Organizations, consumers to get millions back from LCD purchases


Snail mail is considered an antiquated way of doing business, but some organizations across Canada will soon get a very interesting letter telling them they qualify for a rebate.

It’s a result of a settlement between a group of Canadians in a class action price-fixing lawsuit. Five manufacturers of LCD panels for laptops, computer monitors and televisions — including Samsung Electronics — have agreed to set aside $37.6 million to compensate organizations and consumers who bought products between January, 1998 and December 2006.

(After legal and other fees the amount for disbursement will be about $25 million.)

A number of the manufacturers made panels that were put in equipment for brand names like Apple, Dell, HP and IBM.

As part of the agreement the manufactures didn’t admit wrong-doing.

The letters will go to any Canadian organization that bought LCD products direct from one of the manufacturers. They don’t have to provide proof of sale unless they want to contest the manufacturer’s account of what was bought.

But Linda Visser, a partner in the Toronto law firm Siskinds LLC, who represented defendants in all provinces except B.C. and Quebec — who were represented by separate law firms — said in an interview organizations that bought through distributors and resellers have to file a claim with receipts, accounting records or other material by Dec. 9 online or by mail.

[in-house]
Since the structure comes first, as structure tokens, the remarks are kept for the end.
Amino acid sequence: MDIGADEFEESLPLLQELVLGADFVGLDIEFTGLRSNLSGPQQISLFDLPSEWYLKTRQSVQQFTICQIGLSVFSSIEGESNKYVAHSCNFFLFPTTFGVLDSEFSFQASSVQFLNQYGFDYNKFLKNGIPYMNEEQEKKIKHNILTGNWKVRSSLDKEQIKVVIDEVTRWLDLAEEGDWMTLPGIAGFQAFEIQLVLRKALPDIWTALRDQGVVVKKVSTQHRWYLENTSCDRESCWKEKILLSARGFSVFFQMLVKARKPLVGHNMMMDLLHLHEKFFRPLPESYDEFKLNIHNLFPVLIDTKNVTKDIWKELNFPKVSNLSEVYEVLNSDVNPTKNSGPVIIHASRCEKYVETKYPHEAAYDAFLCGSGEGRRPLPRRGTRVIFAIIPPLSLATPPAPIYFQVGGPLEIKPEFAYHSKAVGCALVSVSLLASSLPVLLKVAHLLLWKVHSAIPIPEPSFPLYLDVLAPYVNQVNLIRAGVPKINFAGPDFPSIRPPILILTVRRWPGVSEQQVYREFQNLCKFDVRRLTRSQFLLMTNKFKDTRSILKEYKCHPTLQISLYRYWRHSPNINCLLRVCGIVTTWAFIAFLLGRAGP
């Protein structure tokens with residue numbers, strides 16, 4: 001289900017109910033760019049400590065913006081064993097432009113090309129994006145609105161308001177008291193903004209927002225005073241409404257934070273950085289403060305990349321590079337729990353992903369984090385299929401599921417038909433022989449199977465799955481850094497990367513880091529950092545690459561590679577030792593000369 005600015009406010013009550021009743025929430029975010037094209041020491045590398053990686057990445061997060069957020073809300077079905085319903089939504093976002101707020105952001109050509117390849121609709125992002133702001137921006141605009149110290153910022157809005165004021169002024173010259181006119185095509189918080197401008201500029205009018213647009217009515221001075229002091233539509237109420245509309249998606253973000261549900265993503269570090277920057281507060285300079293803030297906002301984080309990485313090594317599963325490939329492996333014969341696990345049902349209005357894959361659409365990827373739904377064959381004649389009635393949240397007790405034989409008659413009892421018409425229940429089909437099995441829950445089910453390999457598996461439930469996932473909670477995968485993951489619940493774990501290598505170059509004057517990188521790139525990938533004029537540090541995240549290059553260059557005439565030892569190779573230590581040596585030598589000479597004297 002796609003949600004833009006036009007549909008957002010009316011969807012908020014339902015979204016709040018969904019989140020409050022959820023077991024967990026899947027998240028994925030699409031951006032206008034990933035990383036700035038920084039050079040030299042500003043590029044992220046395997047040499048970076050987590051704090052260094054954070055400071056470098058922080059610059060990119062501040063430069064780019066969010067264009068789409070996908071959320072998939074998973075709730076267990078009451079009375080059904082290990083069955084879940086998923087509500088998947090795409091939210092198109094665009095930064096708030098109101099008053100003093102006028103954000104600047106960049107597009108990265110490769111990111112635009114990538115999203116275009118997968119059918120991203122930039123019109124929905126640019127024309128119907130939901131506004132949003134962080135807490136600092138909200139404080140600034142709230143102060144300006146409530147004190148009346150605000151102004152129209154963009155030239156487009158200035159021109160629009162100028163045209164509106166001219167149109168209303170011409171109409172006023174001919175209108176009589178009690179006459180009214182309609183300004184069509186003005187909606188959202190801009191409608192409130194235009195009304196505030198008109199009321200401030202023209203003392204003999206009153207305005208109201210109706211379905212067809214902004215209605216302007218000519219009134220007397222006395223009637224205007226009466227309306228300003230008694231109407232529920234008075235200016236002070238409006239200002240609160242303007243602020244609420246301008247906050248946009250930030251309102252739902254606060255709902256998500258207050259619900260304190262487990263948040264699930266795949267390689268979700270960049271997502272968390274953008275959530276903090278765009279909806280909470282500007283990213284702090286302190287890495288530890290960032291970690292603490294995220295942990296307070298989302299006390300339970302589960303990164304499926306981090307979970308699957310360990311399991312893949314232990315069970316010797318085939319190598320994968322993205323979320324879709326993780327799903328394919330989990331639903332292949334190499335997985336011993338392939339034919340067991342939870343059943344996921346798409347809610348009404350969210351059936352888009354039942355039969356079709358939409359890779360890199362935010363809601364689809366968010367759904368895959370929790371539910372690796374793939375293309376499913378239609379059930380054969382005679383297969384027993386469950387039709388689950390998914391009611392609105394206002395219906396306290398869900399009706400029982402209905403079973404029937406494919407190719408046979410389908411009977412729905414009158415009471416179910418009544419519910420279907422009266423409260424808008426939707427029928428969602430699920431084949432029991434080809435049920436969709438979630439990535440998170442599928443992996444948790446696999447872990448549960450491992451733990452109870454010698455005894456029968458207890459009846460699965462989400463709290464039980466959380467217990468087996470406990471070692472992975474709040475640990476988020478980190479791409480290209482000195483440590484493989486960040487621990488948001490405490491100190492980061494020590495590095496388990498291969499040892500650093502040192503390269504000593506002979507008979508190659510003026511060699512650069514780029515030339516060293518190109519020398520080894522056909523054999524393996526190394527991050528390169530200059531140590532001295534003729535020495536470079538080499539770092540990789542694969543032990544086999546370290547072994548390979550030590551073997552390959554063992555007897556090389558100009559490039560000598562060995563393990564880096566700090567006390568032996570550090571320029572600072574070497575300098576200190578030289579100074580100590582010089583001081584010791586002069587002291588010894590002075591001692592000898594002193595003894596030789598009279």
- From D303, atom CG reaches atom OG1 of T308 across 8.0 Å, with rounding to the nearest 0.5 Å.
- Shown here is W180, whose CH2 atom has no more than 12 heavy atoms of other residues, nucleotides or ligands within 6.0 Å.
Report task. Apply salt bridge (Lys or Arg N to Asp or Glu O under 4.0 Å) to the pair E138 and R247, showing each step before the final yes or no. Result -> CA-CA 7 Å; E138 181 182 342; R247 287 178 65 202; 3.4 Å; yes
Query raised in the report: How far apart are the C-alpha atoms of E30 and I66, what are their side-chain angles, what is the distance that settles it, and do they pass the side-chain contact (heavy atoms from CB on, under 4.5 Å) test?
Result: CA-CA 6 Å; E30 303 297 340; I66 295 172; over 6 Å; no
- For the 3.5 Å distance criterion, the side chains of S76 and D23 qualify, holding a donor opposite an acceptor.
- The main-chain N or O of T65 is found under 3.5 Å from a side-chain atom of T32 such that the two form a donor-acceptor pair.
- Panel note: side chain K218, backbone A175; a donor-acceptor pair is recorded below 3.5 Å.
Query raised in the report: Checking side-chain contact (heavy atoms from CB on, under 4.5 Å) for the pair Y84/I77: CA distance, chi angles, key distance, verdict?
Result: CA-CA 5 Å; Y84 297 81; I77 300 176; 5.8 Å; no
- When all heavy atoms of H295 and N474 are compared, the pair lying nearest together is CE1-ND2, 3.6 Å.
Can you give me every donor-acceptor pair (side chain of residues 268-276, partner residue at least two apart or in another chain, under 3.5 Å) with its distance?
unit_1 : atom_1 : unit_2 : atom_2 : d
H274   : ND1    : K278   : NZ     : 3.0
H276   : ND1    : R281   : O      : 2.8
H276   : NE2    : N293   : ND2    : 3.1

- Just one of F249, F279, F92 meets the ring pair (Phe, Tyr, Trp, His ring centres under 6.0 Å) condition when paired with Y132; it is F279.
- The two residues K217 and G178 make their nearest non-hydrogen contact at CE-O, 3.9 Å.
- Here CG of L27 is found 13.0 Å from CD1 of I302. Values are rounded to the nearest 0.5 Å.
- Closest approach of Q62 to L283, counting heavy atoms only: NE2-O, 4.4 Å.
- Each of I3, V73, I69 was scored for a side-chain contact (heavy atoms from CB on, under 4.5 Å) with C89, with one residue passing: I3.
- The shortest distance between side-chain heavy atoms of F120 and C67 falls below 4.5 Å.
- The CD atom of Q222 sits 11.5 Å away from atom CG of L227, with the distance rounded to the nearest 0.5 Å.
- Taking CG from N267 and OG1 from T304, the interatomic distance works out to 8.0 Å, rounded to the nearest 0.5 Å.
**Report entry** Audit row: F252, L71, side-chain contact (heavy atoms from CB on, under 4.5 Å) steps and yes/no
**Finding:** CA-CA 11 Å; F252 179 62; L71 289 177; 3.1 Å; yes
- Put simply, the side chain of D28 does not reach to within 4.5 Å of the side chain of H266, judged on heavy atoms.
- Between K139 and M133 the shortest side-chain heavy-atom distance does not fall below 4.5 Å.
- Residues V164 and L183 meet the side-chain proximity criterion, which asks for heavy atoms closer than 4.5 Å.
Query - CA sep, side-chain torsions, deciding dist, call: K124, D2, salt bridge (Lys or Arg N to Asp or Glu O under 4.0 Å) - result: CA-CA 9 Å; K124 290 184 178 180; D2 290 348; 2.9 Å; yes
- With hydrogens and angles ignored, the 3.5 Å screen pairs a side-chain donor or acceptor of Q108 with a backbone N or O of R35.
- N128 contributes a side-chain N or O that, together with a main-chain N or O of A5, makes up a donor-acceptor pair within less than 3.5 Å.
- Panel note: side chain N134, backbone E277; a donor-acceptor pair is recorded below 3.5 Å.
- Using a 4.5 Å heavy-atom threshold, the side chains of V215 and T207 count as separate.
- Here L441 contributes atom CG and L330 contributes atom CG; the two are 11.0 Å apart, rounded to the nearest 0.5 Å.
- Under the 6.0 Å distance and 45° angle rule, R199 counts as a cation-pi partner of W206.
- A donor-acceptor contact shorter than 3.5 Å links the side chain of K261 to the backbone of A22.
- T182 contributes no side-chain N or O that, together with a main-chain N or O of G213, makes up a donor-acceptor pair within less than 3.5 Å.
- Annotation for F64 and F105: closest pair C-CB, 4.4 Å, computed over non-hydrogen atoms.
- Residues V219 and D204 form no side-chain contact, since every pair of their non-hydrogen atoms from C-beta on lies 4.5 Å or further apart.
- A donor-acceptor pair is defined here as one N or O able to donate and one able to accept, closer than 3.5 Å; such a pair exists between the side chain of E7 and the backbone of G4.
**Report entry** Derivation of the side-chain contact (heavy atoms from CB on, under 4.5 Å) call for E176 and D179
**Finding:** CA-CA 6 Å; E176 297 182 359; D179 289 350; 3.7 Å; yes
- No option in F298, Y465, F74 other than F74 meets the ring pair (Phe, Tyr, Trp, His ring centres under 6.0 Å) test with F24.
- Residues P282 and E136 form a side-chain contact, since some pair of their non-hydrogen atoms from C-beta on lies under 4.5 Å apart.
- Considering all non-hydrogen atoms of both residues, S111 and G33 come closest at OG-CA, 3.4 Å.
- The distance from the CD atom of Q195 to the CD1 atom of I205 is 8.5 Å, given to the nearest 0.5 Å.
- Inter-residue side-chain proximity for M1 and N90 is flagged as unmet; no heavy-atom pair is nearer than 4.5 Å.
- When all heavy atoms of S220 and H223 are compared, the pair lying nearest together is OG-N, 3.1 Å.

Consumers don’t have to provide proof of purchase, but they can only claim up to two items.

Claimants don’t have to worry about who made the panels, Visser said, only that they bought a device with an LDC panel.

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Visser said the lawyers hope that claimants could get between $20 and $25 for each unit purchased. It could be more, because a separate group of manufacturers.

She couldn’t estimate how many laptops, monitors or flat-screen TVs the settlement would cover. But, she added, “if you’re talking a large insurance company or something like that, or hotel chain that’s buying televisions for all its rooms,  we’re going to have companies that have significant purchases,” she said.

Those who settled (and the amount they agreed to put into the pool) are

–Chunghwa Picture Tubes, Ltd. of Taiwan – $2,023,000;

–Epson Imaging Devices Corporation (formerly known as Sanyo Epson Imaging Devices Corporation) – $1,200,000

–Samsung Electronics Co. Ltd. and Samsung Electronics Canada Inc. – $21,250,000

–Innolux Corporation (successor to Chi Mei Optoelectronics Corporation) – $10,000,000

–Japan Display Inc. (successor to Hitachi Displays, Ltd.) (“JDI”) on its behalf and on behalf of Hitachi Ltd., Hitachi Canada, Ltd., Hitachi America Ltd., Hitachi Electronics Devices (USA) Inc. – $3,150,000.

There are still price-fixing allegations in Canadian courts against a number of other manufacturers, including LG Philips LCD Co., Ltd.; Sharp Corp. and its Canadian subsidiary; Toshiba Corp. and its Canadian subsidiary; AU Optronics Corp.America, and Hannstar Display Corp.

Depending on the result of those actions buyers could get back more money, Visser said.

Visser said the Ontario class action lawsuit was started by Fanshawe College of London, Ont.


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